Our volunteer in the COVID vaccine test tells what she experienced community


Bulgarian Maria Spirova, who lives in the UK, has revealed whether COVID-19 vaccines are dangerous. She was one of the volunteers who agreed to test the Oxford vaccine.

Here Spirova said:

Every day I get messages from scared people who do not want to be “experienced bunnies” for the new Covid vaccines or are afraid that the vaccines will not be well tolerated by their older parents.

I would like to answer briefly here.

Friends and strangers, you are not experienced bunnies.

I am (for the Astra Zeneca vaccine with nearly 30,000 other people). And for the Pfizer vaccine, which is already approved in the UK, there are still 43,000 volunteers from around the world. They are experienced bunnies who guarantee that you will not be like this. Please try to understand what this means.

The volunteers are safe and sound. Do not injure the discomfort after the usual after injection. If they had something or suspected that something was happening to them, the experiment would stop. He also stopped twice during the Astra Zeneca test to find out from independent medications whether the symptoms of two volunteers were related to the vaccine.

Senior volunteers were selected from all advanced vaccine volunteers. This is natural when developing a vaccine against a virus that is particularly destructive to the adult body. You can not claim that you have developed a vaccine against a disease that is deadly to a vulnerable group without testing whether it is safe and effective for that particular group.

All the test data are carefully reviewed by independent experts of national regulatory authorities. They all realize the enormous pressure they are under to make the right decision without circumventing standards. Not everything relies always only on the shares of a particular company.

Ultimately you will decide yourself to be vaccinated or not.

It is simply important to decide on the basis of real arguments, not on the basis of ignorance of the development and testing process, combined with a failed distrust of authorities such as the government or pharmaceutical companies. Yes, they have earned our suspicion and skepticism in other cases. But I think it is useful to focus on the problem here and now – get out of the crisis with as little damage as possible. Collective immunity is the way forward. We have a number of diseases, precisely because of their prevention with vaccines.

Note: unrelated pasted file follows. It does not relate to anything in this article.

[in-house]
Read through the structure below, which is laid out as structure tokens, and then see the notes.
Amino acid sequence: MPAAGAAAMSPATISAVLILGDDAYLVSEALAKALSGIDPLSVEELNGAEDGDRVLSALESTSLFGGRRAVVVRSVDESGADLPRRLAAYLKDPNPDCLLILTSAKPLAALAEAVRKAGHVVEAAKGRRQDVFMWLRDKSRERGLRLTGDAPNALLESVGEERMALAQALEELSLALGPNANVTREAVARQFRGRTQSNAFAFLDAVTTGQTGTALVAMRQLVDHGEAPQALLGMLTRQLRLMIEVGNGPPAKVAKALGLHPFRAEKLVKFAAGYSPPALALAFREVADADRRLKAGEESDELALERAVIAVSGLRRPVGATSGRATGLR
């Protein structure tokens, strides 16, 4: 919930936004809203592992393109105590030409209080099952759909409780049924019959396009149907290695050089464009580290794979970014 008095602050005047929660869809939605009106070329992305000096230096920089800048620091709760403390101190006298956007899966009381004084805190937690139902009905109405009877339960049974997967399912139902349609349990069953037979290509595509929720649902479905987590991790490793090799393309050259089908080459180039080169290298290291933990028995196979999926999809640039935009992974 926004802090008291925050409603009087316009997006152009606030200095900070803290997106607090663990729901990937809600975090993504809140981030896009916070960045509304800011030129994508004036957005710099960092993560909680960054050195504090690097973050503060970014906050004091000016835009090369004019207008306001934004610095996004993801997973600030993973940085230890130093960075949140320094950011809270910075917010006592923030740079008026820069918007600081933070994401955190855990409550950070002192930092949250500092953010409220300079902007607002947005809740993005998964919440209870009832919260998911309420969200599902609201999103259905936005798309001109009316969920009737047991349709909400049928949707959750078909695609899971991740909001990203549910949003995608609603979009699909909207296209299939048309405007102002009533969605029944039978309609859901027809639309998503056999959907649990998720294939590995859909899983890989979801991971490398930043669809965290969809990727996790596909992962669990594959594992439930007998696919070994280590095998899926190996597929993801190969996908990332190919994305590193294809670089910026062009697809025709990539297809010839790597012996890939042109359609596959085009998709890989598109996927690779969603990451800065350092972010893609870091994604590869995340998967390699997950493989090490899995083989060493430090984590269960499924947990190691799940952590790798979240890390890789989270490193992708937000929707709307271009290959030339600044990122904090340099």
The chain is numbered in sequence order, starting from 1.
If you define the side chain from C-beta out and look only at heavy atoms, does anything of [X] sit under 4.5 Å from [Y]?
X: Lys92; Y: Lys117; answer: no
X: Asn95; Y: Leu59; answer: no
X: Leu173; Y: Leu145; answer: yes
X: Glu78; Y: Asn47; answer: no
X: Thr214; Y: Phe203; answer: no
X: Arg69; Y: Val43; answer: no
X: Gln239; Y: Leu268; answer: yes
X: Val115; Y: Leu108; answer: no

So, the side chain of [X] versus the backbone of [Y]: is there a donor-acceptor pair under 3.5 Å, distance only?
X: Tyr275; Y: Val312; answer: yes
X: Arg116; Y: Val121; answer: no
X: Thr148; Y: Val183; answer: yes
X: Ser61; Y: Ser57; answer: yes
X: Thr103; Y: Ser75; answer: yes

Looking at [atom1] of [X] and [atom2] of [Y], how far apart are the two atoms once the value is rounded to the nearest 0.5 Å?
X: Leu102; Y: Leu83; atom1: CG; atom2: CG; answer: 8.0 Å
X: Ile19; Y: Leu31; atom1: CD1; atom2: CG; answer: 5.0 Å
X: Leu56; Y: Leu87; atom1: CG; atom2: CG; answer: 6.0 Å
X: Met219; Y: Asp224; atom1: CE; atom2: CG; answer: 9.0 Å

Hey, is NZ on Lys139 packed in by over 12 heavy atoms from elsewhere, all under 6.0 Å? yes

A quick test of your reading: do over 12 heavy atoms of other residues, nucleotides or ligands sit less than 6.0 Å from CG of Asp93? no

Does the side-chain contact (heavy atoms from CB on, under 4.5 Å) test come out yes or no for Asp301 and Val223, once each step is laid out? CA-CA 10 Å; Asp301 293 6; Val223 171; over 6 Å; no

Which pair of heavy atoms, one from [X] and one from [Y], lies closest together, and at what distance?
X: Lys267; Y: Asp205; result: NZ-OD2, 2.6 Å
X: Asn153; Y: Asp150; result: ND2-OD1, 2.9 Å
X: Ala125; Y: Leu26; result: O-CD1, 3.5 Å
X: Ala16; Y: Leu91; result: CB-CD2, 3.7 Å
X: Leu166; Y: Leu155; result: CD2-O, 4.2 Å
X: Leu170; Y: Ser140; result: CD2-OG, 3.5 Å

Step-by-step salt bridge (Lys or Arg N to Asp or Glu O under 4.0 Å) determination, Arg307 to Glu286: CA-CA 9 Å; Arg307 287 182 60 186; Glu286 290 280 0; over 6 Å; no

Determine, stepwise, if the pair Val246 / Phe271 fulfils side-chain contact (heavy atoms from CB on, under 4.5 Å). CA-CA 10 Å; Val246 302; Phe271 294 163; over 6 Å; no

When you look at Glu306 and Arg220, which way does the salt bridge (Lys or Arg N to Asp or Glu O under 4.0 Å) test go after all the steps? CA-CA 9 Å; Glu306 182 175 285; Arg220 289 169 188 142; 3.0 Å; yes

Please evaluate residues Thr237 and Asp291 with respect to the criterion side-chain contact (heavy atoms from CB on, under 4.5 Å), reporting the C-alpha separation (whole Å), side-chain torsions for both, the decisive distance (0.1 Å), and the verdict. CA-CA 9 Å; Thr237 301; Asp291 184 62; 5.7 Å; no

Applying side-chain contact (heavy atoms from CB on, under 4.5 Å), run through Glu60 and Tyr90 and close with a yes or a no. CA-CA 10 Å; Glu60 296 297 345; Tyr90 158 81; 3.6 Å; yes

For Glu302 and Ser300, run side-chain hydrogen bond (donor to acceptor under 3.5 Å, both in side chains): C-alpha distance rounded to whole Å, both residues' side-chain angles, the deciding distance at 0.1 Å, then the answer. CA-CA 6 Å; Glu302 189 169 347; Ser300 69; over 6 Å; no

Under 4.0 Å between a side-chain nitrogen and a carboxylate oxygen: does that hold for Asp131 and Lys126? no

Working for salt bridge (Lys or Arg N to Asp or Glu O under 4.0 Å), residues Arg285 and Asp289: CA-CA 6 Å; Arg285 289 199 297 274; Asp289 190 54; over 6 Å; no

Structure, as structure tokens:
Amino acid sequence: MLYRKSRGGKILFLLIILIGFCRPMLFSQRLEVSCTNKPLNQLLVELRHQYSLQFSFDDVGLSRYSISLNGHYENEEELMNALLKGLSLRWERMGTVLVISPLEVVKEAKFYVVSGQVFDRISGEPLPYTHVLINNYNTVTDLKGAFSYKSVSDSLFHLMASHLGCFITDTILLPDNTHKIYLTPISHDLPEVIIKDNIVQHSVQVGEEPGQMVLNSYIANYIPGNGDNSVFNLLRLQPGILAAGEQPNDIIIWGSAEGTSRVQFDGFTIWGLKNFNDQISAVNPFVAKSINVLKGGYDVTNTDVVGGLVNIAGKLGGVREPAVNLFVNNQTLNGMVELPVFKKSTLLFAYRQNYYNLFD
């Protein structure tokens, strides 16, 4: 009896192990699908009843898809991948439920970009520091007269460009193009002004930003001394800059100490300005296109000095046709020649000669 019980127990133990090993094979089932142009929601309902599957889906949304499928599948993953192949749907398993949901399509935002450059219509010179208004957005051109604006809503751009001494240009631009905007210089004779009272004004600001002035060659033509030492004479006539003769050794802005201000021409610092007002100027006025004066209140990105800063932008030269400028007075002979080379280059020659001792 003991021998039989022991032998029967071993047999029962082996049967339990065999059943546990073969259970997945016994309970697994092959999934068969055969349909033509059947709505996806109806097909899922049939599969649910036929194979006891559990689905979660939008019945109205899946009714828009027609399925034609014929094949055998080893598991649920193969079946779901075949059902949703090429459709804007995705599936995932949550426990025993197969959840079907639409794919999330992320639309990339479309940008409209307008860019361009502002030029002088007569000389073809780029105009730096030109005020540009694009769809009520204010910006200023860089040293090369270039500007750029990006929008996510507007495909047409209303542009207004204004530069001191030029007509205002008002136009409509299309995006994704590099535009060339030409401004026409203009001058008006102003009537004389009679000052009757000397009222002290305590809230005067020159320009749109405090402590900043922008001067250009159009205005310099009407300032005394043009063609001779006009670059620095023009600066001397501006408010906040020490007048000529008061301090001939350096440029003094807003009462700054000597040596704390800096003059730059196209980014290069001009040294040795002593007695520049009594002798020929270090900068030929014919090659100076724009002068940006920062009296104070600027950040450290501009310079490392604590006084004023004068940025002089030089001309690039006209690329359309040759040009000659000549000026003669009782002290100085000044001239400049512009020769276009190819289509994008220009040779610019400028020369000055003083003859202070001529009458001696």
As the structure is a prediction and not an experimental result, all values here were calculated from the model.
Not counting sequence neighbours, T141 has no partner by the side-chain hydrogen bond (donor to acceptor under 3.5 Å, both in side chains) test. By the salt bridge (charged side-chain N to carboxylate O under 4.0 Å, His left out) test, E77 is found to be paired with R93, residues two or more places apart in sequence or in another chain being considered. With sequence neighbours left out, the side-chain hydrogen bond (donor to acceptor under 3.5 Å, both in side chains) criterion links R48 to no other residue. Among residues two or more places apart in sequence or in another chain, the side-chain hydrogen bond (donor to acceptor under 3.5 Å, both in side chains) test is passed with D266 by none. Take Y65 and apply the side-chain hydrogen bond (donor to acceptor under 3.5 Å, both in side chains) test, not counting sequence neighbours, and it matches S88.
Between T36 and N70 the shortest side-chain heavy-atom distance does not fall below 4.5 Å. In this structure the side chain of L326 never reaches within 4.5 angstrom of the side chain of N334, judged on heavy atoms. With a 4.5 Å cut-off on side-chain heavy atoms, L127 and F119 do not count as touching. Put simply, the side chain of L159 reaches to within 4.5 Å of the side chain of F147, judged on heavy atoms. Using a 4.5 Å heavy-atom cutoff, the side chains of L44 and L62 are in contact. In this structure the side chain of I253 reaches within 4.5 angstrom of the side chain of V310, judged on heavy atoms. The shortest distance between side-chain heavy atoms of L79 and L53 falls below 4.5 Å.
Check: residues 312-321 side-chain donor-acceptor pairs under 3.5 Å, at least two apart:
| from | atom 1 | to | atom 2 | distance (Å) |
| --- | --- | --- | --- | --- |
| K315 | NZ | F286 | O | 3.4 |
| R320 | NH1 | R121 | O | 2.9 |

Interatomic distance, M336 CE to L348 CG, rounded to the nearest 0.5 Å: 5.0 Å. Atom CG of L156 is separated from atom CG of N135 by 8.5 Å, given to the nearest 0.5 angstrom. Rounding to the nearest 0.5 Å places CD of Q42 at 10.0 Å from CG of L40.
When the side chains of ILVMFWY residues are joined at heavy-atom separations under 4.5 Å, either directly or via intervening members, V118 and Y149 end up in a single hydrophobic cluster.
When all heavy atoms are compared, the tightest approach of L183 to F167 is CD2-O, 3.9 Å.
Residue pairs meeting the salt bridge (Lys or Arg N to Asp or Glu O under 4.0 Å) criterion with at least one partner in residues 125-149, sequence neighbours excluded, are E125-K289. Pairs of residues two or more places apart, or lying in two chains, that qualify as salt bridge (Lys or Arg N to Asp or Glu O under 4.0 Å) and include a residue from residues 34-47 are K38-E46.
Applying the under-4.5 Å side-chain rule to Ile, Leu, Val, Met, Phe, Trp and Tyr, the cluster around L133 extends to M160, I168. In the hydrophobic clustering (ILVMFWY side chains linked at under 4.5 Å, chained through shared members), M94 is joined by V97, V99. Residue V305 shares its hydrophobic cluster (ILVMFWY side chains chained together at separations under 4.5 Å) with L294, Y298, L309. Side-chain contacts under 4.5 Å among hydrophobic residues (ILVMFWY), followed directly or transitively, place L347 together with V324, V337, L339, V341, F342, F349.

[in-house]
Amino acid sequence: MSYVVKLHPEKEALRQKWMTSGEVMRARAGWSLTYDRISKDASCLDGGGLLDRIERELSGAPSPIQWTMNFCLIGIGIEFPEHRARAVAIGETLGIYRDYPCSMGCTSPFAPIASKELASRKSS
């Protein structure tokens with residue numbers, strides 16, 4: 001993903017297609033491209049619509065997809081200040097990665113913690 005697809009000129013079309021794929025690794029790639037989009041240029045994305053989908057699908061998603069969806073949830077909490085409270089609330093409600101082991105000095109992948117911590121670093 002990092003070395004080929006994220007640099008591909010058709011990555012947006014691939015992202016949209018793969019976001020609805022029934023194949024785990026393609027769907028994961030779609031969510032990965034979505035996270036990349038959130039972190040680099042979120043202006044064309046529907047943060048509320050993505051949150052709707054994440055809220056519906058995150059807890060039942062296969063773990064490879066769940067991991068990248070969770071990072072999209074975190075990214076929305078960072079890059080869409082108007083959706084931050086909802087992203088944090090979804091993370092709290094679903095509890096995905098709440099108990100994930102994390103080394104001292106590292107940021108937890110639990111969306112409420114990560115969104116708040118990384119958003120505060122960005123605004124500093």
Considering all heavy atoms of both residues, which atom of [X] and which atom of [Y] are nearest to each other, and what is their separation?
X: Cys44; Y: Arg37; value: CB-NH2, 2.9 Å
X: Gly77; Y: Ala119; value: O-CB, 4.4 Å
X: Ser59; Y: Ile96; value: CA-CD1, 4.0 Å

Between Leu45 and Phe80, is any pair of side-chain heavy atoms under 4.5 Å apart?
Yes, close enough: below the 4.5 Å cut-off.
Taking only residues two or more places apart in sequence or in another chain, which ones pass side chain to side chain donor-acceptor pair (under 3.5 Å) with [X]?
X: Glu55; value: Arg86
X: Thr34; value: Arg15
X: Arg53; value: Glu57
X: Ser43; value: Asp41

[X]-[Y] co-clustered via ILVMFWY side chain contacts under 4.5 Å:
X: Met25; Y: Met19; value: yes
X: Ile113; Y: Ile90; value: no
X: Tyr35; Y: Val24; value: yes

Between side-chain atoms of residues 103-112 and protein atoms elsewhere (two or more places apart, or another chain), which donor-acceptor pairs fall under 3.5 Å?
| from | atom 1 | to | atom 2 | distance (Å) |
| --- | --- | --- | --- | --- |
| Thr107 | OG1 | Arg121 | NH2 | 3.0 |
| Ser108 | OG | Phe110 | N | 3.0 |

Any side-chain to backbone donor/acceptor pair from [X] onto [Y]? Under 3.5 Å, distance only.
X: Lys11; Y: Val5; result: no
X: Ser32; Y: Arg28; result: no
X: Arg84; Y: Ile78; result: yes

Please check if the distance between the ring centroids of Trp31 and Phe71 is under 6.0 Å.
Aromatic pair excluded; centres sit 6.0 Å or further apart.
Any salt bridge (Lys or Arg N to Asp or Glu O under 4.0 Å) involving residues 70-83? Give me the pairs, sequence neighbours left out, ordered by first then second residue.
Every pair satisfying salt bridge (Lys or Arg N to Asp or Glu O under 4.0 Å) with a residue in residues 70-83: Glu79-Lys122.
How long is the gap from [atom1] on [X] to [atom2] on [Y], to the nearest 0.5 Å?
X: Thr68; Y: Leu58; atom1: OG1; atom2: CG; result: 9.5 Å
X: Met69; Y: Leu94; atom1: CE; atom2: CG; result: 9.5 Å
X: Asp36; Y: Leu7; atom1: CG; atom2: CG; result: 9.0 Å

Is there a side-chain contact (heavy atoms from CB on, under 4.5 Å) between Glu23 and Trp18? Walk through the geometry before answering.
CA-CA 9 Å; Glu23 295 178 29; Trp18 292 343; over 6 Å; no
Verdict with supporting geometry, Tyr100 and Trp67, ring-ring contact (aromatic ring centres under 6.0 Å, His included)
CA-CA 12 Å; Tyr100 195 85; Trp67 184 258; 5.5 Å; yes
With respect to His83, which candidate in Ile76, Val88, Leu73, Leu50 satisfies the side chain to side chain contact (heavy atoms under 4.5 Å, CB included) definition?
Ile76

Collective immunity will relieve congested hospitals and help us return to our normal daily lives. Vaccination is simply the fastest way to achieve this with minimal loss of life. I do not know about you, but if I had to evaluate the risk for a loved one of sick and now being treated in a Bulgarian hospital and the risk of getting an internationally developed and tested vaccine, I would prefer to avoid his possibility of Ill, if I could.

The vaccines we are currently discussing are subject to regulatory scrutiny in the European Union. And the European Union, like any national government, gains nothing by deliberately and maliciously damaging the health of its citizens.

No vaccine is perfect, and it is not possible and necessary for all of us to get it at all costs. But, as always, we need composure and a realistic assessment of what is the least evil in this case and what is the most appropriate risk. Now more than ever.

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